Often times, a business new to offshoring will implement the idea with the primary focus being on what is happening offshore – how to find their staff, where will they be based, how they will be supervised and trained etc. This approach overlooks what is often one the most important considerations in successful offshoring – the impact on the local workforce and how to ensure that your local staff will understand and support your offshoring plans.
When considering how to approach the issue of offshoring with your local staff, the key things to remember are:
- In the absence of information, people will always assume the worst
- Self- interest is the main driver for most people – they will want to know “What does this mean to me?”
- Without the support of your local staff, your offshoring plans will almost certainly fail.
So then how do you get the buy-in and support of your local staff?
Communication is the first and most important factor. You need to communicate your offshoring plans to all your staff and more importantly, let them know what it will mean to them. It is also essential to remain true to what you tell them – trust, once broken, cannot be repaired. If jobs are going to be made redundant and moved offshore, the staff should be made aware of it. Let them know which jobs will remain onshore. It might be that your plan is not to make anyone redundant but rather add resources offshore and also look to move roles when the opportunity presents as a result of local turnover. Regardless of your message, make sure you get it clearly received by your staff at the start of the process.
Next is to have the staff get to know your offshore workforce as soon as possible. We recommend that our clients bring some of their Filipino staff to Australia for training as early in the process as possible. We’ve talked about the importance of training your staff
and it should be emphasised that this helps everyone get to know each other and build a mutual cultural understanding. It is much easier to be dismissive and unsupportive of the offshore team when you haven’t met them and spent time working together.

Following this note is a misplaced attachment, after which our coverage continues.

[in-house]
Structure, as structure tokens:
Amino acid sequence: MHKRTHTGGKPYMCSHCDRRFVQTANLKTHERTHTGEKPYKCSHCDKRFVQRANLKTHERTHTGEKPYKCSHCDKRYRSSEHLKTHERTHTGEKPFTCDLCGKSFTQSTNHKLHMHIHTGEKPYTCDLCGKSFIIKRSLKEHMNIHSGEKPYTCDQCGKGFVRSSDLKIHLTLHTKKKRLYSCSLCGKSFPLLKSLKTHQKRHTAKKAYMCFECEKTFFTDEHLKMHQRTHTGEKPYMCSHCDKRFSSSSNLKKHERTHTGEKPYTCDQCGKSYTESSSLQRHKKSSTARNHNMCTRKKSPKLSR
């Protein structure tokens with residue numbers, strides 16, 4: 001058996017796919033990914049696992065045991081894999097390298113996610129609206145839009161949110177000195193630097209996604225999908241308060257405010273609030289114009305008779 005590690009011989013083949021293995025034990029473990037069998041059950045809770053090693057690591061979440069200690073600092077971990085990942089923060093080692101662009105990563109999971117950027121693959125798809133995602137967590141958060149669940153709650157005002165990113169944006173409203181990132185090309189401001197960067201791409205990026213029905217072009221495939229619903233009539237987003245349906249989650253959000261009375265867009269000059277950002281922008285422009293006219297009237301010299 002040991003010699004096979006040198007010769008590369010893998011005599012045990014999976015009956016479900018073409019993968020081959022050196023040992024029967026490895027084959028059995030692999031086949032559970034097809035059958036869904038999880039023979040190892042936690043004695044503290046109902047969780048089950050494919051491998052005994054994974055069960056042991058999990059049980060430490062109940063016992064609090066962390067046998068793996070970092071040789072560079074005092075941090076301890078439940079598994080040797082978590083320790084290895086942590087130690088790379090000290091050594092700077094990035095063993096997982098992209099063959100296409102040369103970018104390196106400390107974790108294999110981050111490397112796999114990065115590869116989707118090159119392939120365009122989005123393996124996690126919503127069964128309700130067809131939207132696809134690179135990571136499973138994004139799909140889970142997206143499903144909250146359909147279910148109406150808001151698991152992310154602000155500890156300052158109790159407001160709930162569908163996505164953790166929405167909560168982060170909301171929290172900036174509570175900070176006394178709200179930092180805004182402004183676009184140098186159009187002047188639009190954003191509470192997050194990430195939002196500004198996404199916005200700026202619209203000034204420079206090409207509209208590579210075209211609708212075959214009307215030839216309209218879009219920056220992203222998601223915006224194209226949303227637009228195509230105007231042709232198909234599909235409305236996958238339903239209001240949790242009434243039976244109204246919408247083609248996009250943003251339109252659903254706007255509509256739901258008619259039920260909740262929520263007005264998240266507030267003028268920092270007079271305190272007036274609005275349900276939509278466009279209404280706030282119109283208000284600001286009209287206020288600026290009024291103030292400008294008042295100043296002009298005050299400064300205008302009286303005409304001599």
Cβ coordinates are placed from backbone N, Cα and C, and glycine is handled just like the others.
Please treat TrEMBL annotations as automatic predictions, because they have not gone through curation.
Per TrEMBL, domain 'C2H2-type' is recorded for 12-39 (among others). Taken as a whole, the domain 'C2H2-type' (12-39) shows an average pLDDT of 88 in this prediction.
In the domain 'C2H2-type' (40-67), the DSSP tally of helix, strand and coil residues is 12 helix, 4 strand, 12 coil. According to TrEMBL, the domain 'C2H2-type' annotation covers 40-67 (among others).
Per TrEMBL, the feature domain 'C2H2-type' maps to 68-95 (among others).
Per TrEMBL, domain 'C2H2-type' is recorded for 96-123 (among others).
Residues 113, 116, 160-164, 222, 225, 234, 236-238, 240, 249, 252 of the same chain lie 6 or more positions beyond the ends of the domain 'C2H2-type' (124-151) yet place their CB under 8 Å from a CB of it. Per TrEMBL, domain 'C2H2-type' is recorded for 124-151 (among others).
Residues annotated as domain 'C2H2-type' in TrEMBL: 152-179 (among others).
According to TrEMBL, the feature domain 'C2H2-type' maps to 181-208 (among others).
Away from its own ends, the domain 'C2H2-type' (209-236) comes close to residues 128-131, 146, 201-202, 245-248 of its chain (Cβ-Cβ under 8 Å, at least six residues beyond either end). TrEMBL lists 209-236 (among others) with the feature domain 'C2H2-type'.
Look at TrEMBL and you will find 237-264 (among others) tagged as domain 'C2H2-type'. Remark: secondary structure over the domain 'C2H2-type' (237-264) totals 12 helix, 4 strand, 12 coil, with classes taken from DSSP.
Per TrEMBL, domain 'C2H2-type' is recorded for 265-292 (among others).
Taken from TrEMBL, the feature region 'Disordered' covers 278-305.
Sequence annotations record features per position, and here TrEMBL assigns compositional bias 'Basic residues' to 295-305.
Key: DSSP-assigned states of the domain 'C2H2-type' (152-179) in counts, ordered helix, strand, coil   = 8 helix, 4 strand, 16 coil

Try to make the offshoring experience a positive one from the outset. Adding resources that you cannot afford locally can be a great way to achieve this. One simple example we have seen a number of times has been the addition of a graphic designer to the staff. This person can have a profound effect on the quality of all the business marketing materials and communication, significantly improving appearance and professionalism. Starting with an offshore staff that makes the working lives of your local staff easier or better in some way will help greatly with local acceptance and buy-in.
Lastly, publicly recognise and reward those local staff members who support your offshoring strategy and help drive its success. These offshoring “champions” can help you drive a culture that is both supportive of your offshoring strategy as they look for new and constantly finds better ways of how to get the most of your offshore team. In line with this, you should also make sure that the local managers of your offshore team have KPIs linked to the success of that team.
If you are thinking about offshoring or outsourcing then getting things to work with your offshore team is only one-half of the equation. Equally and perhaps even more importantly is how you manage your local staff to ensure they support and help drive your plans. Without these, your offshore plans are almost certainly doomed to failure. Diversify wants to make sure that you are getting not only the right people for your offshoring team, but also those who will bring out the best of their abilities. Drop us a line today if you’re ready to get started with offshoring.